- Vertical kick for 15 seconds, drop straight to bottom, push off and do one vertical fly stroke
- 100 or 200 IM for time
This year we had a Super Bowl Stat practice. In the team email during the weekend before the game, I let them know the workout on Monday morning would look like this:
- Number of penalties x 50 on 1:00/1:10 (odds free, evens no free; work on technique!)
- Number of touchdowns x 100, rest :15-20 seconds (25 connect with two-beat kick—keep right arm and left leg synced and left arm and right leg synced—25 connect with six-beat kick, 50 build)
- Number of interceptions x 200, rest :20-30 seconds (1. pull, 2. paddle pull, 3. swim at solid pace; repeat as necessary)
- Eight-minute vertical kick (number of field goals = how many total minutes of hands out)
- Number of fumbles x 25 on :40 (odds technique, evens fast)
- Number of passing yards = cool-down
It made it fun to watch the game, and there was some friendly banter on our Facebook page as the numbers crept up. As it turns out, the final workout looked like this:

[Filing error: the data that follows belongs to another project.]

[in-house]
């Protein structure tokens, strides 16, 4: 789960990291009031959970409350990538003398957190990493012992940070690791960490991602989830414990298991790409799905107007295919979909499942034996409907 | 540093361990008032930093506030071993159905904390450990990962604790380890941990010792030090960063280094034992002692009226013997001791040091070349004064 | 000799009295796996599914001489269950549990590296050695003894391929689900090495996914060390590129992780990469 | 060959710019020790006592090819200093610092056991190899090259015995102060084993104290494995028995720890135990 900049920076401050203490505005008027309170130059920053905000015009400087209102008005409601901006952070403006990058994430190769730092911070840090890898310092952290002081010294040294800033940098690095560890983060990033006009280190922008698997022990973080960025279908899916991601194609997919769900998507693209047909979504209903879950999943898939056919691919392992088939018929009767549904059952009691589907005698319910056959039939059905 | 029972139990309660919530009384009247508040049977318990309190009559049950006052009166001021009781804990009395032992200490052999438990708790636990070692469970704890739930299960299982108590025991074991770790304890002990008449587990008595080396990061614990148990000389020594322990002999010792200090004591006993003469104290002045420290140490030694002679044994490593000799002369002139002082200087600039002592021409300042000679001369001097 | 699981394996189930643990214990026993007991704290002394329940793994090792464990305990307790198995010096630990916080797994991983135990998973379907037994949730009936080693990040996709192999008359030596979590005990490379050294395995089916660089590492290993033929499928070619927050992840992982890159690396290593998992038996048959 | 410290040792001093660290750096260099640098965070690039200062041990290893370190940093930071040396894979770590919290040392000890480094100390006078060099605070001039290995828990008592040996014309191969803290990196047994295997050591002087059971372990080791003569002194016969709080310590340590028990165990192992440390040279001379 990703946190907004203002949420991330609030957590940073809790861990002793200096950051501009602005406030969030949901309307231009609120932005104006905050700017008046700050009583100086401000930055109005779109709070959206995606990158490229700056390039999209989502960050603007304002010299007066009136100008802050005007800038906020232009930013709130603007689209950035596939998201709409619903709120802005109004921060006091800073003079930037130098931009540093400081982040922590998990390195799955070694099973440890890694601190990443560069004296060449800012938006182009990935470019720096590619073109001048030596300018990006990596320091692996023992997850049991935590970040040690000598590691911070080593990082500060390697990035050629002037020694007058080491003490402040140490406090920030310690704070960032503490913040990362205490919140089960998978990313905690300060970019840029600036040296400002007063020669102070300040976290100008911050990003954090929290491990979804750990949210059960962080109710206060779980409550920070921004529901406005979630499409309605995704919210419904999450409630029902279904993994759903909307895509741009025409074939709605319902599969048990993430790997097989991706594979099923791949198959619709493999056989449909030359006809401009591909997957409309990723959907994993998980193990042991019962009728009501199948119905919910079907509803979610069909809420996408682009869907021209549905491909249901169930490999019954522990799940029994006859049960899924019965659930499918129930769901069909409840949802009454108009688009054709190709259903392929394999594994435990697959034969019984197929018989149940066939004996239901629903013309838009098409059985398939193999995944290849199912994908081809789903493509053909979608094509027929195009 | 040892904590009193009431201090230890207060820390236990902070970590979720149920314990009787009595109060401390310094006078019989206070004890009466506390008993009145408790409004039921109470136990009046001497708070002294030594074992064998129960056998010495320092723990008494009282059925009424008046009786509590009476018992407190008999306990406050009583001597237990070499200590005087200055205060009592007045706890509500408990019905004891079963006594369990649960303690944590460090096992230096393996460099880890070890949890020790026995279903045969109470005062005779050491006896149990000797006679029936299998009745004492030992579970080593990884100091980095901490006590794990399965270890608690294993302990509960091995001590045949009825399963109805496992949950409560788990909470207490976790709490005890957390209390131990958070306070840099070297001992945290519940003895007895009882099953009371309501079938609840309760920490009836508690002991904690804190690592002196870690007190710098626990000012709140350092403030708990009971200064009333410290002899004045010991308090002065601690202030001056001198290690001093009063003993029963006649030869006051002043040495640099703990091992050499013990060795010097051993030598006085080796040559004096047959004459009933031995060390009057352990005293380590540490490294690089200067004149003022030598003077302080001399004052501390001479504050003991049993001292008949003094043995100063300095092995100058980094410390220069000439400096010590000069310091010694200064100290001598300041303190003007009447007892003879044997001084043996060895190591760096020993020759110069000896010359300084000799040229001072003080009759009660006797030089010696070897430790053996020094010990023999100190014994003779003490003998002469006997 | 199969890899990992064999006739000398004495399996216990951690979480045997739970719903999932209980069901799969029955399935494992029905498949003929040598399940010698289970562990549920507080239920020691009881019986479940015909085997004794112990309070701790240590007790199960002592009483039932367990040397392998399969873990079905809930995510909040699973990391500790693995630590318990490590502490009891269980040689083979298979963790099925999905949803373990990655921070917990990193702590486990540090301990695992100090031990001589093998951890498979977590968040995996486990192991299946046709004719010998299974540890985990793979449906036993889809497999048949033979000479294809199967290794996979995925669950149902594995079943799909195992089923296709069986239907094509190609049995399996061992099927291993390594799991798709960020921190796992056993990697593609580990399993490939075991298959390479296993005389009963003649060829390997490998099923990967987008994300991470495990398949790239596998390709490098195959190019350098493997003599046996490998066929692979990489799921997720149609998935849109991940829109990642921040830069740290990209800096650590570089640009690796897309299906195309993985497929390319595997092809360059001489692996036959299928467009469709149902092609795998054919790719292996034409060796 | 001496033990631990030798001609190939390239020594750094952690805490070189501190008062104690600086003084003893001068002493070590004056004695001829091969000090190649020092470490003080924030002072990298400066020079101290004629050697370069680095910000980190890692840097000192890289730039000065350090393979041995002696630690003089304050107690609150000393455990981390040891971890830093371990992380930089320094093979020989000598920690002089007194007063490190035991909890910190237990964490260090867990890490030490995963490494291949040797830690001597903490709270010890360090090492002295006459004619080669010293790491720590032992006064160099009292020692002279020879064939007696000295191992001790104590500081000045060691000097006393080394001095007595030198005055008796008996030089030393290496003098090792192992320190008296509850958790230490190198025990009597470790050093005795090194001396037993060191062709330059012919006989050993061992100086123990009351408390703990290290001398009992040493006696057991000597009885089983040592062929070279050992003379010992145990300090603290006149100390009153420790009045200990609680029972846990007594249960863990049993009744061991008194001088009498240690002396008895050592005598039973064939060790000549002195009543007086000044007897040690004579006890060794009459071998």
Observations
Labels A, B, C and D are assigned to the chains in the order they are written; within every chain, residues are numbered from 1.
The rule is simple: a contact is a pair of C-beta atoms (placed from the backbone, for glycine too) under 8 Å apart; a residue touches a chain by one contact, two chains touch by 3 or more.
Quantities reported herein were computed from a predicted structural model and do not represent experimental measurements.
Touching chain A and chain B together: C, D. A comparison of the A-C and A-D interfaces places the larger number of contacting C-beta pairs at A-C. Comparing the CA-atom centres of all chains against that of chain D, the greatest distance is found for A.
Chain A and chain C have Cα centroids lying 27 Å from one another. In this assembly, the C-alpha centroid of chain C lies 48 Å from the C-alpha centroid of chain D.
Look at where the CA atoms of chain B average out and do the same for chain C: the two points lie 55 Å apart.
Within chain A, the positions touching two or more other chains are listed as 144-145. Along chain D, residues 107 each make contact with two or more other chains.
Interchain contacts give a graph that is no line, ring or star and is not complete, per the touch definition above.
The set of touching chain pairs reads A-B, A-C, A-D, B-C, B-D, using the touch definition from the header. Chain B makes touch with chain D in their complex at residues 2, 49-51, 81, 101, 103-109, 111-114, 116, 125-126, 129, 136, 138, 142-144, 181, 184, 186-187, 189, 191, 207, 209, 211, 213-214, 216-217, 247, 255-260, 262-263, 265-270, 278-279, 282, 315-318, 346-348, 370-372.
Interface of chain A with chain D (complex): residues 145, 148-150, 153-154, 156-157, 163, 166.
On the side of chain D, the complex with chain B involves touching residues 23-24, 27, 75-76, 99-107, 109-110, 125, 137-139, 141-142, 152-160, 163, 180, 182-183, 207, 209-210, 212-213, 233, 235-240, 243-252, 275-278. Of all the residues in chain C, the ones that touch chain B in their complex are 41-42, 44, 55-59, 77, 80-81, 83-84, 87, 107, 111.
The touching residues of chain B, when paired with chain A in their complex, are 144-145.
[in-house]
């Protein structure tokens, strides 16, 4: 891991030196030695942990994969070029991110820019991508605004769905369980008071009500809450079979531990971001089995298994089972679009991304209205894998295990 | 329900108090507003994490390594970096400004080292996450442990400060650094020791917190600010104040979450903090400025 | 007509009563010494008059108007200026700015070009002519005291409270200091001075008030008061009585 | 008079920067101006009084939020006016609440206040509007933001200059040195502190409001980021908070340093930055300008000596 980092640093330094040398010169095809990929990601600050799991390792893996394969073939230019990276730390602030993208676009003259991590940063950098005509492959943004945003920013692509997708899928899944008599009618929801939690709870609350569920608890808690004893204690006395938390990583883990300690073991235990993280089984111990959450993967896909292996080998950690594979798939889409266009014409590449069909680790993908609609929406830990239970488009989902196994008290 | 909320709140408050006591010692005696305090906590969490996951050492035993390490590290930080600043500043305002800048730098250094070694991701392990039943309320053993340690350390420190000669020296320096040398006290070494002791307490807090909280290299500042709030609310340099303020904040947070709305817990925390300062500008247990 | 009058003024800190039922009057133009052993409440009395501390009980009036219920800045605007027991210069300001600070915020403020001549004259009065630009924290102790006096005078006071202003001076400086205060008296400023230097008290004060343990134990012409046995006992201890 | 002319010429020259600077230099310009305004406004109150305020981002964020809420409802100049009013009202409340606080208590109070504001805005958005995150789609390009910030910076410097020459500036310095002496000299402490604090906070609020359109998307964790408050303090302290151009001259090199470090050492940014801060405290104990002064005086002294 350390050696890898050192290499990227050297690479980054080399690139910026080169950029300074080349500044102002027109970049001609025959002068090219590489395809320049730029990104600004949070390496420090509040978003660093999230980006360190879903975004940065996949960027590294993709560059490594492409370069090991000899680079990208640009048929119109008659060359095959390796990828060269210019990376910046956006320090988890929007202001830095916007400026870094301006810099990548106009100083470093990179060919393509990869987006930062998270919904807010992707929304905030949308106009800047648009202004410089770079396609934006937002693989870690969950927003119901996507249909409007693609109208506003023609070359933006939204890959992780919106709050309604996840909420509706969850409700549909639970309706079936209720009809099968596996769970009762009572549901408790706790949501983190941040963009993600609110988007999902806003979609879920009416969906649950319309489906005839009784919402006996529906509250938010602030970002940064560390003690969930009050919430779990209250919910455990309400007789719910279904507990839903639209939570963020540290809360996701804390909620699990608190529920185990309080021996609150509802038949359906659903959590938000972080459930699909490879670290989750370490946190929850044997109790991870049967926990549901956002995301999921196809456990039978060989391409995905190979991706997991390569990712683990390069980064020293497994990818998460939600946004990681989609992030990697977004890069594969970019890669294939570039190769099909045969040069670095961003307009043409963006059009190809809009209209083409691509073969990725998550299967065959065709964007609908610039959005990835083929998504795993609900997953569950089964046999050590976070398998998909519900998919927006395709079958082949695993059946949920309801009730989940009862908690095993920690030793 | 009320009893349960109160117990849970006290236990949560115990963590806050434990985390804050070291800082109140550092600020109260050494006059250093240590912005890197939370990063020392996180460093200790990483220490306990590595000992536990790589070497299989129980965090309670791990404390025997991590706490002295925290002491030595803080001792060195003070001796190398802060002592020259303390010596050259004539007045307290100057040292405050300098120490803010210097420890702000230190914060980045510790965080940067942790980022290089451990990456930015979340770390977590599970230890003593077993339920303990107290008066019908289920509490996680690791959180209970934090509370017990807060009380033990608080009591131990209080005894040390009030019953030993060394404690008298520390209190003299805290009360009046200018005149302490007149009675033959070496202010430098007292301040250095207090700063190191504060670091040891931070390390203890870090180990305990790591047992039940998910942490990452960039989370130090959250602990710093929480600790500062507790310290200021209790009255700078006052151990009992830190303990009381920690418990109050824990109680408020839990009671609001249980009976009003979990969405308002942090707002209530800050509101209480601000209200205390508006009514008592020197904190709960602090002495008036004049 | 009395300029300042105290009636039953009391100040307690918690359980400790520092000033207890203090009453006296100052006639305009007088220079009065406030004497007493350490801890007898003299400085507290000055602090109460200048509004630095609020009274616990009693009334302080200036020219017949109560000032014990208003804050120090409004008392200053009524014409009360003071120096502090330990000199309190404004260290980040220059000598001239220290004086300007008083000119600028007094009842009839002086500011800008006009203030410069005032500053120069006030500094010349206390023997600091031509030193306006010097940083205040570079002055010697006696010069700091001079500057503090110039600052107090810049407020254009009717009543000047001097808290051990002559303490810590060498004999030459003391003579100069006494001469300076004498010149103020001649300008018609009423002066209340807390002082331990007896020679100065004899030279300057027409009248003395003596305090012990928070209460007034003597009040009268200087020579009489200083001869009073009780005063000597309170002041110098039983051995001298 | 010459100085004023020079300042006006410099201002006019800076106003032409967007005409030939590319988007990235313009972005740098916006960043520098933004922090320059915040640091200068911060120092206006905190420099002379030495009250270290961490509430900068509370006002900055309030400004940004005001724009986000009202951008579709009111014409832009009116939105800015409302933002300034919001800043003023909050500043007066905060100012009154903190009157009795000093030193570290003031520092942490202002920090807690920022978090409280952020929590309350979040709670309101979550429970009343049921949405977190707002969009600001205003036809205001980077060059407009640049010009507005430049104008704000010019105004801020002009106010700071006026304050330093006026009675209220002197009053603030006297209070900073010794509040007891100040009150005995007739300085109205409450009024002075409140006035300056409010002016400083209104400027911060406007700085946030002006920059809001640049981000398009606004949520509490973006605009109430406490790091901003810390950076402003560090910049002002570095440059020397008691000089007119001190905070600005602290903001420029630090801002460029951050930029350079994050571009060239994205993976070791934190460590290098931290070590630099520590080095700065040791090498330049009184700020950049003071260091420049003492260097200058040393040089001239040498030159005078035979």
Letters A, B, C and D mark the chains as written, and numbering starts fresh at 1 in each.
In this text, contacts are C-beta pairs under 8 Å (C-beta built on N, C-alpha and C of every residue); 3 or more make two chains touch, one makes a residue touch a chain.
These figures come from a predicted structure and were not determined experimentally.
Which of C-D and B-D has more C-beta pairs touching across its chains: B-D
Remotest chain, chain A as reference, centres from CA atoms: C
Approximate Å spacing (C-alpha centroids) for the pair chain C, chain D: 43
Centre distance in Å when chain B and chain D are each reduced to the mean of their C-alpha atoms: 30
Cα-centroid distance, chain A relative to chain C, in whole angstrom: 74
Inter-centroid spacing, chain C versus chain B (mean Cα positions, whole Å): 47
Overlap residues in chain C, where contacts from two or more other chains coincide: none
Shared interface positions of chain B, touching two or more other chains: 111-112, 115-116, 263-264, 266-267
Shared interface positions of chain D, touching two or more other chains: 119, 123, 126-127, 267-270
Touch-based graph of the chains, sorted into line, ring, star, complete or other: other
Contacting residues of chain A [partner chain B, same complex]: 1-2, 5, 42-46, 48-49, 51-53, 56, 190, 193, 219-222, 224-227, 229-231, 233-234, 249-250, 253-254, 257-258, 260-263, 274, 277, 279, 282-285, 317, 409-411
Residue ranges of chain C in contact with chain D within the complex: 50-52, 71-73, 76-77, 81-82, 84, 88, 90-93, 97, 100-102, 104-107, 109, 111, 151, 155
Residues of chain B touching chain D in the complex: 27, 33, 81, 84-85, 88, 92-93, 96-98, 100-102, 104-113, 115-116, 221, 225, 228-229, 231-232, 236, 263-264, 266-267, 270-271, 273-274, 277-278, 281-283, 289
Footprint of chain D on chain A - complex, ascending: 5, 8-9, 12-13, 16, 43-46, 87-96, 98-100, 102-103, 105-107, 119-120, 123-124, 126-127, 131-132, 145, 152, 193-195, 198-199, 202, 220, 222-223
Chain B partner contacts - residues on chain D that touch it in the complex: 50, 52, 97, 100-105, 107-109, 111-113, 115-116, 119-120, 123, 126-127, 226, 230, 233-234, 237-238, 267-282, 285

- 13 x 50s technique
- 9 x 100s
- 1 x 200 pull
- 2 minutes of hands out on the vertical kick (we only went four minutes total)
- 2 fast 25s
- 240 yards cool down
I’ve learned that on our team, holidays are as much for the adults as for the kids. Don’t underestimate dollar-store trinkets and their power for adult swimming motivation. At Halloween, a small bag of Skittles is all we need to play “disappearing limbs,” a set of 8 x 25s where someone picks a Skittle out of a cup and the color determines which limbs aren’t available for that swim.
- Red: No right arm
- Green: No right leg
- Purple: No left arm
- Orange: No left leg
- Yellow: Coach picks two limbs
We also practiced some backstroke with a plastic spider on the forehead, and we always finish things up with a monster mask relay. The mask must be transferred before the next swimmer can leave the wall.
Of course, in between all the fun can be some more challenging sets or more standbys such as zombie kick (laying on back with arms straight up in the air; moaning “Brains! Brains!” is optional but highly encouraged) or a corpse push where it’s a race to see who can push his or her partner down the pool the fastest.